Show Less
Restricted access

Productive Foreign Language Skills for an Intercultural World

A Guide (not only) for Teachers


Michal Paradowski

The past two decades have created quantitatively higher and qualitatively different demands for foreign language skills. Learners’ needs, expectations and contexts of language use have undergone radical and far-reaching transformations. This collection of essays by experienced educators, teacher trainers and researchers from diverse linguistic, cultural and professional settings offers a fresh perspective on the aspects and ways of teaching skills which are crucial to contemporary language instruction, especially at the more advanced stages, but which have oftentimes been unjustly neglected in the classroom. The book discusses issues ranging from approaches to teaching, contexts of instruction, testing and assessment to curriculum development and technology in the classroom.
Show Summary Details
Restricted access

Abundance, However, is not Always Desirable: Connectors in Polish EFL Learners’ Texts



The research reported in this chapter investigates the use of connectors in texts written by British native speakers (expert writers and students) and Polish advanced learners of English. The data used in this study were drawn from three existing corpora containing samples of written English: the International Corpus of Learner English (ICLE), the Louvain Corpus of Native English Essays (LOCNESS) and the Freiburg-London-Oslo-Bergen (FLOB) Corpus. The quantitative analysis involved a comparison of the frequencies of connector use in each sample. It revealed the highest rate of linking expressions in the Polish essays with the normalized frequency three times higher than in the British expert writing. The average frequency of connector use by native-speaking students was smaller yet close to the Polish rate. The qualitative examination of chosen essays from each sample demonstrated that novice writers (both native and non-native) tended to use linking expressions appropriately, to mark semantic relations between neighbouring clauses, yet in many cases the use of connectors masked a more global problem of the lack of logic in the structure of the argument. Implications for teaching are briefly discussed in the conclusion.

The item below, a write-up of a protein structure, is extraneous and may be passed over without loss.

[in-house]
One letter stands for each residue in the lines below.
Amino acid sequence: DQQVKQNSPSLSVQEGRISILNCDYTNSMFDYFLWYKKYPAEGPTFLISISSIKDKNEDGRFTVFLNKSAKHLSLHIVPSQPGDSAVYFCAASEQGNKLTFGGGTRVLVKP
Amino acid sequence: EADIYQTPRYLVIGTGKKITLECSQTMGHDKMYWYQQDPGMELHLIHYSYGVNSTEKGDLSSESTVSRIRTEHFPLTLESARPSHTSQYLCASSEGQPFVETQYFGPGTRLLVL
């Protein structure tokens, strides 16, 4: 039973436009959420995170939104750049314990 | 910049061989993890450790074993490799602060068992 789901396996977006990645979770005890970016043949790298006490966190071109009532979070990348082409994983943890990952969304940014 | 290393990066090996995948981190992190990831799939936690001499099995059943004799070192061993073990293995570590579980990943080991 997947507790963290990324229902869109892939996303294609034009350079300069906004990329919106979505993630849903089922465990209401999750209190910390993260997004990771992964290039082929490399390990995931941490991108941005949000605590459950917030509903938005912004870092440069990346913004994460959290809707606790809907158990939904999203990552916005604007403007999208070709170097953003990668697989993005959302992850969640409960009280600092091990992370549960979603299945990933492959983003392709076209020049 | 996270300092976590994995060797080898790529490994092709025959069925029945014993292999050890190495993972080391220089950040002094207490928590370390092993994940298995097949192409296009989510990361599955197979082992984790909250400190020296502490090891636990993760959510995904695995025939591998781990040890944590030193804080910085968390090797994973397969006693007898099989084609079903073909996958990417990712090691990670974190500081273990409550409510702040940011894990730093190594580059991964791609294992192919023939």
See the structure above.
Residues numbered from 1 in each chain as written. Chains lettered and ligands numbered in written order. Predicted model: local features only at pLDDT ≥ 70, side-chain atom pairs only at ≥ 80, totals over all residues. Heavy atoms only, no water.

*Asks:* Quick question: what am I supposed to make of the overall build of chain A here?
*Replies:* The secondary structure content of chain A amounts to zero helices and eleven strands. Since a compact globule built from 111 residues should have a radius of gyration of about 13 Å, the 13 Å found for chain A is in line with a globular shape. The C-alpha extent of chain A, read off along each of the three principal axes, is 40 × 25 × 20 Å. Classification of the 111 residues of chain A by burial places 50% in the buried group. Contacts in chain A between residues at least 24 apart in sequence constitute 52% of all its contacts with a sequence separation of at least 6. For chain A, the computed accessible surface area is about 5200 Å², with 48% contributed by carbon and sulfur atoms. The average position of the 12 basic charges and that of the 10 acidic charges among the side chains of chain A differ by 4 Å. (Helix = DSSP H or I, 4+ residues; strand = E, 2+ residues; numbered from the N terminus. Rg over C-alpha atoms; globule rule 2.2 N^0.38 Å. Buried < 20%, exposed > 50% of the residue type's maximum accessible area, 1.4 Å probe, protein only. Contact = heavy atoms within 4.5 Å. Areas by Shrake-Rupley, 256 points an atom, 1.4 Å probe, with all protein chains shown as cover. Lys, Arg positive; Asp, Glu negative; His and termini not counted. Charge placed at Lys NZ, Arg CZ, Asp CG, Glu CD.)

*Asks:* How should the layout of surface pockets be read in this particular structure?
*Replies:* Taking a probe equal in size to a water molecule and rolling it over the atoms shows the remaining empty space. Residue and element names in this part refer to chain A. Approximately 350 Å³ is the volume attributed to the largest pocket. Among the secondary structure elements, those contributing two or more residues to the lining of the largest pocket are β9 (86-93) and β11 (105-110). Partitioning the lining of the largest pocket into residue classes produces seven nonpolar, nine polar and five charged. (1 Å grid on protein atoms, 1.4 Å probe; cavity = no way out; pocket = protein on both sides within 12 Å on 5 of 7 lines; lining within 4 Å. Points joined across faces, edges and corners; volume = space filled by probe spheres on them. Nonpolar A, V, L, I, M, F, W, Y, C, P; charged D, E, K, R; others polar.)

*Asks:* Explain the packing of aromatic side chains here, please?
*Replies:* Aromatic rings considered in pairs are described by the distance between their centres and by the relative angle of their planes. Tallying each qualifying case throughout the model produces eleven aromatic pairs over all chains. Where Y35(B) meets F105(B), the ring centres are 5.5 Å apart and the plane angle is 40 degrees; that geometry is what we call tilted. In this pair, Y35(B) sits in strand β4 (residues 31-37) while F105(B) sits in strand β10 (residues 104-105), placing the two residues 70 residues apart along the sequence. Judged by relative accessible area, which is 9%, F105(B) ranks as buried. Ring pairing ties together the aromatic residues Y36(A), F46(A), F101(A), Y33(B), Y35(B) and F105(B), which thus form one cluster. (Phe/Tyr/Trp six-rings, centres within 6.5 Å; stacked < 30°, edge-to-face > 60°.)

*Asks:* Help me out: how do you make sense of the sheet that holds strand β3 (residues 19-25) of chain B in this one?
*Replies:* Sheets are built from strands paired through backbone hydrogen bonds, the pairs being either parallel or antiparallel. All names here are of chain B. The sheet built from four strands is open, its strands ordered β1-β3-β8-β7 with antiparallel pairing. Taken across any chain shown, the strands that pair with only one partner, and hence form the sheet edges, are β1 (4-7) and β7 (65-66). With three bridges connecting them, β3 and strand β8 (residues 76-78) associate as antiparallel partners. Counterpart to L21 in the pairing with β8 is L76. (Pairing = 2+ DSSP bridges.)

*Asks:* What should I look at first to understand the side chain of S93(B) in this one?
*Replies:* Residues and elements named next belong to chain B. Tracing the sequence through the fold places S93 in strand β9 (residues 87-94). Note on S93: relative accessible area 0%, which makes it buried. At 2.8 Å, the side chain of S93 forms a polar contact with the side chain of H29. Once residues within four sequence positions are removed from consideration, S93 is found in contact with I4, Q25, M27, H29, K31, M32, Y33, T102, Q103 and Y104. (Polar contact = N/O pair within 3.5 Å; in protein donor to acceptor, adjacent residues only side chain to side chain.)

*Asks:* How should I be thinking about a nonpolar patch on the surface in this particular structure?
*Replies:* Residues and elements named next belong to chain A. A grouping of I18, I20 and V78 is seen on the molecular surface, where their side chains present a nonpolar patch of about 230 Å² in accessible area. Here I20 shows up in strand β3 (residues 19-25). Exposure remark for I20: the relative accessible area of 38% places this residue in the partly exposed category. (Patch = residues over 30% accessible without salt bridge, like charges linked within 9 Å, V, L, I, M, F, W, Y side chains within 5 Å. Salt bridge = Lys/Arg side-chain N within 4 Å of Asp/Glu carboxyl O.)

1.  Introduction

You are not authenticated to view the full text of this chapter or article.

This site requires a subscription or purchase to access the full text of books or journals.

Do you have any questions? Contact us.

Or login to access all content.